A final positive example of how such partnerships can gain results, is th
Globalization of accountability
Such partnerships have to build on something, however, on some sort of common values and common understanding. From a global perspective that might be difficult. However, we do have a set of common values in our human rights framework. By providing new and frequent meetings between cultures and individuals, globalization may in itself also contribute to a common understanding of the universality of human rights. As part of international law, human rights constitute commitments on states. With globalization the scope of human rights has expanded. We now have a real chance of using the universality of human rights as a spur to concerted action. Much has changed in the area of human rights the last years, acknowledging the indivisability of human rights through a holistic approach. Today’s spirit of partnership, dialogue and open doors has replaced decades of confrontation, walls – not least the one in Berlin, and intransigent doorkeepers. For governments, companies, civil society and individuals. We all belong to the “organs of society” which The Universal Declaration talks about.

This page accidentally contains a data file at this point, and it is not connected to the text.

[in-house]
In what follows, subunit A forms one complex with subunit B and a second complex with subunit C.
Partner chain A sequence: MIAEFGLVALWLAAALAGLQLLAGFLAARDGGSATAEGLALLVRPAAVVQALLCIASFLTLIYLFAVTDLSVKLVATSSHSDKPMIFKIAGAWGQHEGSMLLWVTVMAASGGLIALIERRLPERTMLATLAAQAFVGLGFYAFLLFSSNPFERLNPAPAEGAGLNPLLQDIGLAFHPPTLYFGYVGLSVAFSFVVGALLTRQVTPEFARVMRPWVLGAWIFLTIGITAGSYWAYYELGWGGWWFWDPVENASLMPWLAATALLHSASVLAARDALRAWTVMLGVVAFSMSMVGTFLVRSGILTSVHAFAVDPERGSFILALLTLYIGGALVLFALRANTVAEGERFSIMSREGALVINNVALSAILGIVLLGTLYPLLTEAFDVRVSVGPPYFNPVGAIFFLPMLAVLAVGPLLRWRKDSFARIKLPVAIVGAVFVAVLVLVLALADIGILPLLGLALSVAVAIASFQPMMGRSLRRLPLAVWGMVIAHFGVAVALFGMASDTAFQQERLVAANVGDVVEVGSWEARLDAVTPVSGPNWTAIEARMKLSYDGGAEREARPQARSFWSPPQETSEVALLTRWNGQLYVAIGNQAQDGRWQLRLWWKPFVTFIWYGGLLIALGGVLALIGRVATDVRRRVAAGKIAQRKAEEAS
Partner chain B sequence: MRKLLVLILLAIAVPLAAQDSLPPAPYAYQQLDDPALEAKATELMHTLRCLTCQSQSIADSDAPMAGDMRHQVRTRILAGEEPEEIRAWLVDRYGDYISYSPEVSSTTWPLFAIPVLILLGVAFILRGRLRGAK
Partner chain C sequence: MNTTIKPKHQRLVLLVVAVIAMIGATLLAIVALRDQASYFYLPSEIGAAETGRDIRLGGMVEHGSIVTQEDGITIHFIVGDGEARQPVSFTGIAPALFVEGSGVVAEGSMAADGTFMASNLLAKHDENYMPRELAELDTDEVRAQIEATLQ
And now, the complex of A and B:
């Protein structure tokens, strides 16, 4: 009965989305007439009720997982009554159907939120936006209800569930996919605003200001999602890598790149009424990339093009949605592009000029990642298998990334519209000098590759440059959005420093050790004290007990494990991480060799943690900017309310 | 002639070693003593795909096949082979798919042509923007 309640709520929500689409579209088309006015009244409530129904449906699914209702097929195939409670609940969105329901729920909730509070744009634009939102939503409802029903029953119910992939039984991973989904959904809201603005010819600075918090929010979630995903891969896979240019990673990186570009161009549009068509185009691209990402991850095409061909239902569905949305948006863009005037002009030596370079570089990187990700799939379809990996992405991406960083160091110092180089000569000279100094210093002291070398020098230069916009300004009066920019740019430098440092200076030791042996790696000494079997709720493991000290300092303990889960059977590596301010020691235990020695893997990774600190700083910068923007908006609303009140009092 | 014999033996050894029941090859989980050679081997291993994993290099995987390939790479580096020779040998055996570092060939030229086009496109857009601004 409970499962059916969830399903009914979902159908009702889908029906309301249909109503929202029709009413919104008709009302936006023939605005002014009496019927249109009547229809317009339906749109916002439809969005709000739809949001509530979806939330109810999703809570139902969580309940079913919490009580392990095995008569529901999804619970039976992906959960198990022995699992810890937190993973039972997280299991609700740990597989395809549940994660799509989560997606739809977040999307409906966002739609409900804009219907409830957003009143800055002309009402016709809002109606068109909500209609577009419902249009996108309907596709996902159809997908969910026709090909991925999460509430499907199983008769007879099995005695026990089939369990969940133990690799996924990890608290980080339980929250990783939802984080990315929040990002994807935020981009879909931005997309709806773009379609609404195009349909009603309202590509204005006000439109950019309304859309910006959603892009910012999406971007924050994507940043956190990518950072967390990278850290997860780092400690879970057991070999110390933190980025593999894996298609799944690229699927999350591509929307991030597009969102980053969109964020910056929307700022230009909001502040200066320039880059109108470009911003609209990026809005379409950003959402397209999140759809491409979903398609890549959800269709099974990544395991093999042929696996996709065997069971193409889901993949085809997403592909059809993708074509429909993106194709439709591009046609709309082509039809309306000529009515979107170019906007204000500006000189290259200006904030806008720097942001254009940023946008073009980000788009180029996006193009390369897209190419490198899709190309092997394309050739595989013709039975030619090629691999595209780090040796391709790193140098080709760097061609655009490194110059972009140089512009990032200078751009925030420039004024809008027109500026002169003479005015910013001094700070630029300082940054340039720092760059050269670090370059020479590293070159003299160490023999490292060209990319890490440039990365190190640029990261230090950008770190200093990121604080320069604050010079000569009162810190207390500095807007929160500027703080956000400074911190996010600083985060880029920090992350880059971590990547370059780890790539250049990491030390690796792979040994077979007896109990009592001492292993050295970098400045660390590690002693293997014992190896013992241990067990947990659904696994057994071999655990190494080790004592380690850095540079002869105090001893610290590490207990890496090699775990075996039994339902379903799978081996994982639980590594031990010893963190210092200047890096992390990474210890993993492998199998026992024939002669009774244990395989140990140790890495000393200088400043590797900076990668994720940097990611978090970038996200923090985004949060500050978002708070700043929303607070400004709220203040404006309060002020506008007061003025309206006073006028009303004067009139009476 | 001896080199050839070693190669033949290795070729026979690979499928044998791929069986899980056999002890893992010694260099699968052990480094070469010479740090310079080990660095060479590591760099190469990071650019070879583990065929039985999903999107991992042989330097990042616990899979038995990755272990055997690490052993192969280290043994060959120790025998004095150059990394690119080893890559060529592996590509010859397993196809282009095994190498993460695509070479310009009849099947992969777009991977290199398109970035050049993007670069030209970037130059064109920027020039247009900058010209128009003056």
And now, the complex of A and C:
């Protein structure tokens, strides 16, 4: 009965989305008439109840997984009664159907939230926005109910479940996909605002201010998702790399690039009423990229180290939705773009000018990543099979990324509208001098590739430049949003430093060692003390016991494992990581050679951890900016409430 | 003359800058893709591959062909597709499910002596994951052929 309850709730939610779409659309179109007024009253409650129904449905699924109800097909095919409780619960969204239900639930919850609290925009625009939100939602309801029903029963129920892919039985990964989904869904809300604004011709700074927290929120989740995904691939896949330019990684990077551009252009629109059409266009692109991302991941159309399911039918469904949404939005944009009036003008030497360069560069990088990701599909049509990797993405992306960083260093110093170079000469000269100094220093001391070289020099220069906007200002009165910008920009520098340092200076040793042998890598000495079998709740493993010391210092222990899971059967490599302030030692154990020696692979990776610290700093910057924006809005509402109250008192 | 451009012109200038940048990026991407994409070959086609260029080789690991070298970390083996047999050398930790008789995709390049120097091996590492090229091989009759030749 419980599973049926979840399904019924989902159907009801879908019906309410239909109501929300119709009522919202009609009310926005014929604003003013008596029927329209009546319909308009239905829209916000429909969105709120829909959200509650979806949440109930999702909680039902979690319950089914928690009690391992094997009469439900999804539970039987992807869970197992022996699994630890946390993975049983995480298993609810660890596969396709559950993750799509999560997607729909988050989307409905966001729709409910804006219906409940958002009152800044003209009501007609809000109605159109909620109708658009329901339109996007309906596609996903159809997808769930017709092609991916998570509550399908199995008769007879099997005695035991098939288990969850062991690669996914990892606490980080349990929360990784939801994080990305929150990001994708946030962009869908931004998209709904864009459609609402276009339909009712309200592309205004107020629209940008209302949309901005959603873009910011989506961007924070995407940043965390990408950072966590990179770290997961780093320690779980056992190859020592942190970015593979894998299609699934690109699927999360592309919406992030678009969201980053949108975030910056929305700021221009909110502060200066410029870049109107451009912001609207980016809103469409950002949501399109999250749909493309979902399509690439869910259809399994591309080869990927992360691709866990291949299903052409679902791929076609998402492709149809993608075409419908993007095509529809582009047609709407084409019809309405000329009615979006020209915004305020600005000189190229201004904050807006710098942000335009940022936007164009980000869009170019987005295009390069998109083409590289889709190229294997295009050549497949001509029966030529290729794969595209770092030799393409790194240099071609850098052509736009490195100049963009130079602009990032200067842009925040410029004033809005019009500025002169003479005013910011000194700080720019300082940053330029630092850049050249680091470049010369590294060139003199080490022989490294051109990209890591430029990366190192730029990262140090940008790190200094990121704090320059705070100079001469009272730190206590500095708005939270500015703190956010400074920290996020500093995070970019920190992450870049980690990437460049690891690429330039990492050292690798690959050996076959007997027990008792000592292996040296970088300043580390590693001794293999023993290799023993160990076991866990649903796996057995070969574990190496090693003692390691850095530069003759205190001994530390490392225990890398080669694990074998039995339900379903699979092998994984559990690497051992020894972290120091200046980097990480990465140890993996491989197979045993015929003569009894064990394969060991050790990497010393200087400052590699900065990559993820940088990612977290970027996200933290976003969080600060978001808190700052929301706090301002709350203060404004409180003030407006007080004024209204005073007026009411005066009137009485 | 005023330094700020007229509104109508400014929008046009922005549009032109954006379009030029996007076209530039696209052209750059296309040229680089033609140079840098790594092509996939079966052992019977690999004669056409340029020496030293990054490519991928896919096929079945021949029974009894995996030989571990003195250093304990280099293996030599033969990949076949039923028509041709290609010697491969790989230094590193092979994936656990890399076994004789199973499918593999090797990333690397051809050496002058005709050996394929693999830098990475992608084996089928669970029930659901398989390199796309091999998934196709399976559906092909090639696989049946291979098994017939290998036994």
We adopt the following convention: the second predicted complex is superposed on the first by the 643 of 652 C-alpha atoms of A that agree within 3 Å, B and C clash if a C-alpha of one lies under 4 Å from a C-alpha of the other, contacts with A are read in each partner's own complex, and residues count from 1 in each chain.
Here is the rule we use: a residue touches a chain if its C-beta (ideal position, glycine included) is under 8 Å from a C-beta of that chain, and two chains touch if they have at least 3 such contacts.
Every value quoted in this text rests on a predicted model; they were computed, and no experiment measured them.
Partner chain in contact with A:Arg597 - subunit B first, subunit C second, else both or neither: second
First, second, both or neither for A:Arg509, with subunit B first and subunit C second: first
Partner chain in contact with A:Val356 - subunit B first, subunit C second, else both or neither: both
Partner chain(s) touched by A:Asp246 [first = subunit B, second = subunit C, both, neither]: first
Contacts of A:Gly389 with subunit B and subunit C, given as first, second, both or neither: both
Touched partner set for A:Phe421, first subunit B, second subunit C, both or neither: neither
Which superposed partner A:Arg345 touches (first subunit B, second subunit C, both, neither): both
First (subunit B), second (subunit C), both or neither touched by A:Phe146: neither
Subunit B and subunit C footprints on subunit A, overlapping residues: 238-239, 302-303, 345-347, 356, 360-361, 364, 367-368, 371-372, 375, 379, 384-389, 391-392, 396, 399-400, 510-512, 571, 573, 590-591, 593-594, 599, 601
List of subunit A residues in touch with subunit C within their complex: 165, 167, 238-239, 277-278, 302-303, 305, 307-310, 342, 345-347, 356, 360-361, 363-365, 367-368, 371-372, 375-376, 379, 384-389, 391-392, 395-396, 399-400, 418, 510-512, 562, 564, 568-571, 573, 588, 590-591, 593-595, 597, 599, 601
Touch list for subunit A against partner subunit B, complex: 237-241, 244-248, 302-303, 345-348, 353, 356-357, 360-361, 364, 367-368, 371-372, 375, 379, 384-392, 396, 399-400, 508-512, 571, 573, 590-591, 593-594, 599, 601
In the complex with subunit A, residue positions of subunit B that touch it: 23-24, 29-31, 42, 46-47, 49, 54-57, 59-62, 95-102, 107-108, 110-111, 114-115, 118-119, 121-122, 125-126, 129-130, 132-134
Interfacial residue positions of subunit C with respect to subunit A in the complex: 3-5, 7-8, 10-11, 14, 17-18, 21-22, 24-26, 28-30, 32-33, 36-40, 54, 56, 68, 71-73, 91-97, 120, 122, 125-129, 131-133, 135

We have a universal platform of values, a common ground, a basis for a common understanding. Acting on it is essential to avoid globalization from developing into some sort of tyranny of the market forces to the vulnerable and the destitute, contributing to generating poverty rather than its elimination. That is why we need globalization of accountability, accountability of policy makers as well as companies and individuals to these common values, to human rights. They should be the basis also for active and engaged citizenship.

Human rights apply to all of us, and concern all of us. This is the basis on which we must act faced with globalization, not only for the sake of other people, but also for our own. – For the sake of decency. This is the key to progress in human development.

As Secretary General Kofi Annan underlined in one of his addresses, we need “a humanity that cares more – not less – for the suffering in its midst; and a humanity that will do more – and not less – to end it.” That is all it takes, no more – no less.